How a champion sleeper and an insomniac learned to synchronize their sleep schedules.
It was the best of sleep, it was the worst of sleep—in the same apartment and the same bed. Abigail’s co-worker Clara and her partner, Javier, grew up in the same neighborhood and fell in love after college. It wasn’t until they moved in together that they discovered they had radically different sleep behaviors and attitudes. Could a sleep pattern established during childhood be changed to eliminate adult insomnia? Spoiler alert: unlike Dickens’ tale, this story has a happy ending.
Clara is a policy analyst at the city agency where I work. She’s known her partner, Javier—who goes by “Javi”—since childhood. “We grew up in the same neighborhood in Queens, and we were in the same after-school program for years as kids,” says Clara. “We were friends in college, and eventually we started dating.”
Falling in love with the boy next door sounds almost like a fairy tale. Reality hit after they moved in together. “Javi liked to stay up very late, and had a terrible time getting up in the morning,” remembers Clara, who usually goes to sleep by 11:30 pm. “Sometimes he was up because he couldn’t fall asleep, and sometimes he’d fall asleep but wake up a few hours later and not be able to fall back asleep.” (As a fellow sufferer of terminal insomnia, I could definitely relate.)
Javi likes reading in bed, which Clara appreciates. “Sometimes he reads to me and I fall asleep,” she sighs. “It’s kind of like when my mother read to me when I was a child. But she did voices; when she read the Fudge books by Judy Blume, she’d do her ‘fudgey’ voice.” Javi reads Clara the serious literature he enjoys, from a stack of scholarly biographies and histories on his side of the bed.
“On my side, I have four or five books that I’ve never finished,” admits Clara. “I get into bed and read a few pages, and then I fall asleep.”
Clara believes her parents successfully trained her to sleep well.
“I remember climbing up onto my dad’s recliner chair so I could nap on his chest,” recalls Clara. “He started napping with me when I was a tiny infant, and it must have continued until I was three or four.” As Clara grew, she continued to associate sleep with a sense of “happy coziness,” she reminisces with a contented, faraway look. “I was a shy kid, kind of a loner, so I was never afraid of being alone, and since I loved sleeping, I never minded going to bed.”
Clara’s mother reinforced good sleep hygiene with strict bedtimes that increased incrementally as Clara grew up: 7 pm at age 7, 7:30 pm at age 8, 8 pm at age 9, and so on until Clara was a teenager.
“Even as a teenager, I still used my bed just for sleep,” she says. “I remember being told that if you do your homework on your bed you’ll associate your bed with work, so I did my homework on the floor of my bedroom or the dining room table. In college, too—I never studied on my bed. The only time I read in bed is Saturday morning; it’s a nice, slow way to wake up.”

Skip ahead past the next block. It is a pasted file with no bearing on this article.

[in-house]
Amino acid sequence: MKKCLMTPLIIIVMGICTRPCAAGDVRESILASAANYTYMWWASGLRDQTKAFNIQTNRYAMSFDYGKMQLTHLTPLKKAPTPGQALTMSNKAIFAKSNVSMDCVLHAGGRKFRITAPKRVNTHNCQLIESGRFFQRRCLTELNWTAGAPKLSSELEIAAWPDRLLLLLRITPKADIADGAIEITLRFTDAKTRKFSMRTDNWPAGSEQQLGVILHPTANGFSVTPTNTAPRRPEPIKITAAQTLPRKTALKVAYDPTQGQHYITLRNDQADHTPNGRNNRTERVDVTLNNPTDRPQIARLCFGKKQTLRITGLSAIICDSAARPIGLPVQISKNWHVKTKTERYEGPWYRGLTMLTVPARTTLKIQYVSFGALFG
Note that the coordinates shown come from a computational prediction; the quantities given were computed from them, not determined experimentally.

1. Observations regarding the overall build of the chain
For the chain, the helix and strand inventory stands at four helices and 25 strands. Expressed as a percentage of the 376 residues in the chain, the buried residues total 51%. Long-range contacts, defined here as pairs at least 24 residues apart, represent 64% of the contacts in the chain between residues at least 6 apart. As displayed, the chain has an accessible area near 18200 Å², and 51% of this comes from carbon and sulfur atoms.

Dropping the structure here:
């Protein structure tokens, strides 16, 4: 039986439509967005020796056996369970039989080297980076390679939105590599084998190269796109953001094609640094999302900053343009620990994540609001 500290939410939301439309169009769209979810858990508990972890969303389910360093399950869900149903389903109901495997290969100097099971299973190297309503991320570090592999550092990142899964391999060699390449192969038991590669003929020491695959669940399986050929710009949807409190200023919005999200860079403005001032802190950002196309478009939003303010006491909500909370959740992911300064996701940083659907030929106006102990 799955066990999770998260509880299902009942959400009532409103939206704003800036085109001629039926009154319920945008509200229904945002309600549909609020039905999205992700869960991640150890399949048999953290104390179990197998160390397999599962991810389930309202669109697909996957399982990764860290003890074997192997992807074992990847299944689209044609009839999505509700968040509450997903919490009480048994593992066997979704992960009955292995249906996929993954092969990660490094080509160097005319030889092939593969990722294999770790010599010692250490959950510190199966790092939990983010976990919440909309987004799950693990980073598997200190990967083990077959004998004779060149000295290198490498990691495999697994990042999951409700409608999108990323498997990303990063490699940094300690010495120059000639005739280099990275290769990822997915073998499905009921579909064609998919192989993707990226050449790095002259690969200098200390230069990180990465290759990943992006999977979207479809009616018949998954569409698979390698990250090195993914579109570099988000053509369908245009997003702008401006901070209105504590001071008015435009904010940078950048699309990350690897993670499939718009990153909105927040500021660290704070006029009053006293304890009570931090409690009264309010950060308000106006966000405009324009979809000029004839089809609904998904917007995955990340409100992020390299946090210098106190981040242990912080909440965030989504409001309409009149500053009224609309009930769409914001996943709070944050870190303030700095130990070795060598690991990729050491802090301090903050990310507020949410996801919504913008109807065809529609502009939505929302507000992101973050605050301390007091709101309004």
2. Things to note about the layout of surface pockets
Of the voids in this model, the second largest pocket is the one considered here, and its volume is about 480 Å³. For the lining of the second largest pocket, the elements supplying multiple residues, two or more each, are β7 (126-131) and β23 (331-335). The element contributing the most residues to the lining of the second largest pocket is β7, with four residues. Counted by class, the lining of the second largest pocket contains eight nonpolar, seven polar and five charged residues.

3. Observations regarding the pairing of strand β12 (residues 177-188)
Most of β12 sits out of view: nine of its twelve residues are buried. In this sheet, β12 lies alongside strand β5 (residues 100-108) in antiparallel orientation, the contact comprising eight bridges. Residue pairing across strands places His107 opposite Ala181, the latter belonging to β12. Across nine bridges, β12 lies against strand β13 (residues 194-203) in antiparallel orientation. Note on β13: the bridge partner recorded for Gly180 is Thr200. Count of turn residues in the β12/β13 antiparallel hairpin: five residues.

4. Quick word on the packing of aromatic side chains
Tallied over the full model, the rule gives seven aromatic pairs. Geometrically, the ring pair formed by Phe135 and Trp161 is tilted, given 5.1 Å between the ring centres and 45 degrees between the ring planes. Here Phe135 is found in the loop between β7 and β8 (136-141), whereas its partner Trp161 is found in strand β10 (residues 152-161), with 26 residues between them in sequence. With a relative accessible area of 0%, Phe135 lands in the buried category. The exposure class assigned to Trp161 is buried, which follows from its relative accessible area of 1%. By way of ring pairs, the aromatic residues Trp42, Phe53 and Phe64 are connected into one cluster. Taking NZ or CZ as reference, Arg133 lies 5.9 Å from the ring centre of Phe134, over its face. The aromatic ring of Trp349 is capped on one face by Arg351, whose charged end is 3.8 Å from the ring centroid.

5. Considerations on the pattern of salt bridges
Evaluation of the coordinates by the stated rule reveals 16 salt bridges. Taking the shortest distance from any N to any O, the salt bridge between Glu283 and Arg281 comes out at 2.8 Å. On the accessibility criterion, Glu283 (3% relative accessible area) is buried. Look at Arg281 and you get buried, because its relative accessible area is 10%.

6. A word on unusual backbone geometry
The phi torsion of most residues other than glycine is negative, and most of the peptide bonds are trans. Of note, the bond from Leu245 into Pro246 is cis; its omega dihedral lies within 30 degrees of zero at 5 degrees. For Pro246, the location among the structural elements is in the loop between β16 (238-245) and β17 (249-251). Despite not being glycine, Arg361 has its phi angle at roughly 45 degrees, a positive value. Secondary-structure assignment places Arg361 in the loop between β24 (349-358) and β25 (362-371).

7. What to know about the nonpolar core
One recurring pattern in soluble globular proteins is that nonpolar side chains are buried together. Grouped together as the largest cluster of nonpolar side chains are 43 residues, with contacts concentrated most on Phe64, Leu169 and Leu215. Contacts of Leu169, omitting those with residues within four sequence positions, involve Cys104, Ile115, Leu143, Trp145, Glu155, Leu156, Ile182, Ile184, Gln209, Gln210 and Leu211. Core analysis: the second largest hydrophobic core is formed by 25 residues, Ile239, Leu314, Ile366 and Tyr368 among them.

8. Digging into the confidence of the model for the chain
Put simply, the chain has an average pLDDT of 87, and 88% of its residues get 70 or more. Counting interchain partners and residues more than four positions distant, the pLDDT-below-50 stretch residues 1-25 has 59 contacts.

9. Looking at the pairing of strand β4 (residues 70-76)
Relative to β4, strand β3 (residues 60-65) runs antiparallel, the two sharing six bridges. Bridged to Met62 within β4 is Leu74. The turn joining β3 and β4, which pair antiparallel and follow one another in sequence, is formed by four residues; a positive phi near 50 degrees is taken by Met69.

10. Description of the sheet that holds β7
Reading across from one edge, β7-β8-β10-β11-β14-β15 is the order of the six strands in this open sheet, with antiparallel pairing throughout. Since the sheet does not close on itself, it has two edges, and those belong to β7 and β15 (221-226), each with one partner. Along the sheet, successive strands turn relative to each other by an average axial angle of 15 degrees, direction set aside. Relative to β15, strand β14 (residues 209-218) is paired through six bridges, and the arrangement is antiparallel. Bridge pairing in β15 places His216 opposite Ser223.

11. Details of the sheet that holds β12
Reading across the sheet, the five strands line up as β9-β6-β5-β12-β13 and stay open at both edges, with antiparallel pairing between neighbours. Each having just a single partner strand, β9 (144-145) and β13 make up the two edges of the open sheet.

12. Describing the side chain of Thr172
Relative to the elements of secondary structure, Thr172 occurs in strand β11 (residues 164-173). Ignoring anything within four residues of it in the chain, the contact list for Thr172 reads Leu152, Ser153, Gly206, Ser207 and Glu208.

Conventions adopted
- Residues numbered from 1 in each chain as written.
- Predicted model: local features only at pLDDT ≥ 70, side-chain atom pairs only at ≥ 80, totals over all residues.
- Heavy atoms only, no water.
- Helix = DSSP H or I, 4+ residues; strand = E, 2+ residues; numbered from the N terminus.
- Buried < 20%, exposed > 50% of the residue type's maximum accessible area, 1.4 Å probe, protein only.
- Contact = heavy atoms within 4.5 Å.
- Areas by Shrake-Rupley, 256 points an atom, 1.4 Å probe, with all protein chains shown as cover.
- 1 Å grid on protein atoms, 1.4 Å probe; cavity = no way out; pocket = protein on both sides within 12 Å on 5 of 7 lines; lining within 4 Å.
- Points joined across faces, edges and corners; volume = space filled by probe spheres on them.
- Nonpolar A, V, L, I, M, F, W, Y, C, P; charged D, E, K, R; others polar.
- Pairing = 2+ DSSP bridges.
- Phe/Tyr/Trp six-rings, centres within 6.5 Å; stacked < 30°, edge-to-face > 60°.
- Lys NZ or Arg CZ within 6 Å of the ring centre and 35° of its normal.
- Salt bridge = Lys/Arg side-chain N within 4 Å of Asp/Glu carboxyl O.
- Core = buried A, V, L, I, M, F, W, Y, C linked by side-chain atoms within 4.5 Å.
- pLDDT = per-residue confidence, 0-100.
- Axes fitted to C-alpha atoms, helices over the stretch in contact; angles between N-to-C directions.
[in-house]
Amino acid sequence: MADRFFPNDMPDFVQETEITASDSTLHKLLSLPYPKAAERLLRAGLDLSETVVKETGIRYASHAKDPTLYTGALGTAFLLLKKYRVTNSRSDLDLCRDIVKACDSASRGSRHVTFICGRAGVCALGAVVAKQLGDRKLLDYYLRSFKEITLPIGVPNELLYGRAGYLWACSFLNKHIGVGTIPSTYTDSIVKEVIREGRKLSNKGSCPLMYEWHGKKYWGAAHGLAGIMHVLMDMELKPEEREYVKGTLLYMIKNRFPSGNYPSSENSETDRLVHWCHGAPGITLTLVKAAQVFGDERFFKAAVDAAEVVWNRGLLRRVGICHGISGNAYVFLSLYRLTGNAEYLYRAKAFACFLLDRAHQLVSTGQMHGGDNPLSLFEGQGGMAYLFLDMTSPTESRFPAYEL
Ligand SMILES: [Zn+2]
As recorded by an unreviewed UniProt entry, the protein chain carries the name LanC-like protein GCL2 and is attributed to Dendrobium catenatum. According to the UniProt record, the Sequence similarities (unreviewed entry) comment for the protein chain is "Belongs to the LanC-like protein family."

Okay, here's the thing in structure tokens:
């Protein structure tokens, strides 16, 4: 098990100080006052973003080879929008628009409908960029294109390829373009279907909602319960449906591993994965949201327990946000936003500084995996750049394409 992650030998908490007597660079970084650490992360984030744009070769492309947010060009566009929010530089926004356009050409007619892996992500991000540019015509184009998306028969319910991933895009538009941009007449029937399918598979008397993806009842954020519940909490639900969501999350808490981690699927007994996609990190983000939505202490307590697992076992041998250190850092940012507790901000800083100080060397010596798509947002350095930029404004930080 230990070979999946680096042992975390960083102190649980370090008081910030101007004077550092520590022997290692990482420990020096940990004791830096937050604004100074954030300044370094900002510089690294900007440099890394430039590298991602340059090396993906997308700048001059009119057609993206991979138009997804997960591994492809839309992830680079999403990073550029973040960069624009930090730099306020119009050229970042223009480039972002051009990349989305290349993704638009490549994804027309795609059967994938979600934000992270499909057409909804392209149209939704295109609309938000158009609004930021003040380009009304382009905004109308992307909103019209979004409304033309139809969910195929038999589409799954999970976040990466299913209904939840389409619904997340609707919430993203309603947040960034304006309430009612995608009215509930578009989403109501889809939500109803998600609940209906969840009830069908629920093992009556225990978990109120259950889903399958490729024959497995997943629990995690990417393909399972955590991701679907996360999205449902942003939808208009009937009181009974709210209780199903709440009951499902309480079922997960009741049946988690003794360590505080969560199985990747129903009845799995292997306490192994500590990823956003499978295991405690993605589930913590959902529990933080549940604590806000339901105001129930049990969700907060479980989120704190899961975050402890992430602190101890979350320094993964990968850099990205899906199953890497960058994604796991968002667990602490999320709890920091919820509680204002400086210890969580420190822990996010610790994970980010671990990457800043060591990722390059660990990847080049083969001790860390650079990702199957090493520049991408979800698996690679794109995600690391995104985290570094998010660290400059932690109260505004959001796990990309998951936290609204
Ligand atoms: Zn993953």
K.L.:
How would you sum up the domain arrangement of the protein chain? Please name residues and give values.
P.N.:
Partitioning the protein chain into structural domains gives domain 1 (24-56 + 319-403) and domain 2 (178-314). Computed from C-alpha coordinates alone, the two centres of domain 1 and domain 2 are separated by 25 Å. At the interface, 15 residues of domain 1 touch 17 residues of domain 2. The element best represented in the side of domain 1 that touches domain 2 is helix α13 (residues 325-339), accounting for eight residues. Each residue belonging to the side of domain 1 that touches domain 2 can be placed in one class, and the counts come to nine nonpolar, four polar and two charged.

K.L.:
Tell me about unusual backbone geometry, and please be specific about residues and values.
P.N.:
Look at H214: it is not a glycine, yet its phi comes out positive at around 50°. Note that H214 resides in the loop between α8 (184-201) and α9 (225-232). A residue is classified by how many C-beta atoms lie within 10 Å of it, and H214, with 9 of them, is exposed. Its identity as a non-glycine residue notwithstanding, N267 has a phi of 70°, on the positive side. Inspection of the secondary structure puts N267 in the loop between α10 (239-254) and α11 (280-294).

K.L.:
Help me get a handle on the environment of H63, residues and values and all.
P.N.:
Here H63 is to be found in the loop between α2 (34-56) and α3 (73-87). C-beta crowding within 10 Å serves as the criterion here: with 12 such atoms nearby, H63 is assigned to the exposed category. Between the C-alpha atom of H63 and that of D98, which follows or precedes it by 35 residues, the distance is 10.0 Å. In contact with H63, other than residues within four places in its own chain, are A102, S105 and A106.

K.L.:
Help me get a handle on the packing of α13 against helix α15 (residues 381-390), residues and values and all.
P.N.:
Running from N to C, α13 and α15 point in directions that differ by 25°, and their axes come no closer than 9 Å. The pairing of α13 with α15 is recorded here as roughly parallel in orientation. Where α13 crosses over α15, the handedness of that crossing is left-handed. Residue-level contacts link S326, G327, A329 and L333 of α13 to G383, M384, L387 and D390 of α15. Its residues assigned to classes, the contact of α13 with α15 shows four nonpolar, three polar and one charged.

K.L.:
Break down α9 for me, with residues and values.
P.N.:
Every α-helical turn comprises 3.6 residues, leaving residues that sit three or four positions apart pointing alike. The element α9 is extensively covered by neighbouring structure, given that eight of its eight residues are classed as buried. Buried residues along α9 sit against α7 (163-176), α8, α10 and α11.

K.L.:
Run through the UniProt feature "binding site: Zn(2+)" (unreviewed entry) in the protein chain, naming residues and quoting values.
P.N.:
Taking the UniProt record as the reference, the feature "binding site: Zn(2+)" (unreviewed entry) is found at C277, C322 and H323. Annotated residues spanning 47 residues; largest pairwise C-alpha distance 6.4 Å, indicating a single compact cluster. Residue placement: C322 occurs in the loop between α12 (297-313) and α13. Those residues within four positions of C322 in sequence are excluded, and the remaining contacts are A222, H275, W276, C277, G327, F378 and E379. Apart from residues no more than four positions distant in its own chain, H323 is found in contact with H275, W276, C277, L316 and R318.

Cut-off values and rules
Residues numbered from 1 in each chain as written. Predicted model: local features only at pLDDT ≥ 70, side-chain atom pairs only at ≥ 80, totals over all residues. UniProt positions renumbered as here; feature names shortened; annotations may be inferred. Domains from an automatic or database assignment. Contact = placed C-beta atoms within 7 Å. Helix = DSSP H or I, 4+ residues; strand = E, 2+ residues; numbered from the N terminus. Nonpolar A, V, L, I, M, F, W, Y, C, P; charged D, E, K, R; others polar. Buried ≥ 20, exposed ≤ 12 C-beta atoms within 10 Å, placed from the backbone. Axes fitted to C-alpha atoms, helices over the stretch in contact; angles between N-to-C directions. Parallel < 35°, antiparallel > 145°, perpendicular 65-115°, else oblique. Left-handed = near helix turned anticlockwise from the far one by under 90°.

And Clara developed a special technique to help herself on nights when sleep eluded her. “When I was very small, I developed this image in my head of a bookshelf with rows of books in order—like the ‘Harry Potter’ or ‘Baby-Sitters’ Club’ series. Each book had its own topic, like playing with friends, and I’d think about that topic as I drifted off. Sometimes now if I have something on my mind, like a recurring thought, I ask Javi for a topic. He suggests things like dinosaurs” (which didn’t work) “or going to a Mets game” (which had happy childhood associations and helped soothe Clara to sleep).
The good sleep hygiene instilled by her parents and refined by Clara herself enables her to wake up refreshed and happy almost every morning. “I still love napping, too,” she confides. “On the weekends I’ll nap.”
Javi’s story was quite different. “Javi’s parents like to stay up late. If my parents stay up late, they end up falling asleep in front of the TV. But Javi’s mom—she didn’t like going to sleep. Javi thinks she influenced how he feels about sleep—like going to bed means you’re going to miss out on something. We blame our moms for everything, don’t we?”
Regardless of fault, Javi couldn’t understand how easily and quickly Clara could go to bed and fall asleep. “He would stay up if he didn’t feel physically tired—he’d say, ‘I didn’t work out today’ or ‘I slept late today.’ He didn’t think of sleep as a habit—more of a response to activity (or lack of activity).”
Javi tried reading in bed, but found that even the driest of academic tomes couldn’t lull him. He switched to popular fiction like spy novels or detective procedurals. When those failed, he turned to silly books like collections of “Garfield” cartoons. Still, he struggled to fall or stay asleep—and struggled even more the next morning to wake up.
Napping on Clara’s father’s chest wasn’t really an option, even though both sets of parents still live in Queens. So Javi did the next best thing: he adopted Clara’s sleep schedule.
“He made a New Year’s resolution to try to sleep better,” says Clara. “Now during the week he goes to sleep when I do, whether he feels tired or not. I usually fall asleep faster than he does, but he’s falling asleep faster than he used to and not waking up as much.” Javi still stays up late on weekends—for optimal sleep hygiene, it’s recommended that you get up and go to bed at the same time every day of the week. But his sleep pattern during the week has become much more regular and restful.
It is a far, far better sleep that he sleeps, than than he has ever slept. It is a far, far better rest that he goes to than he has ever known.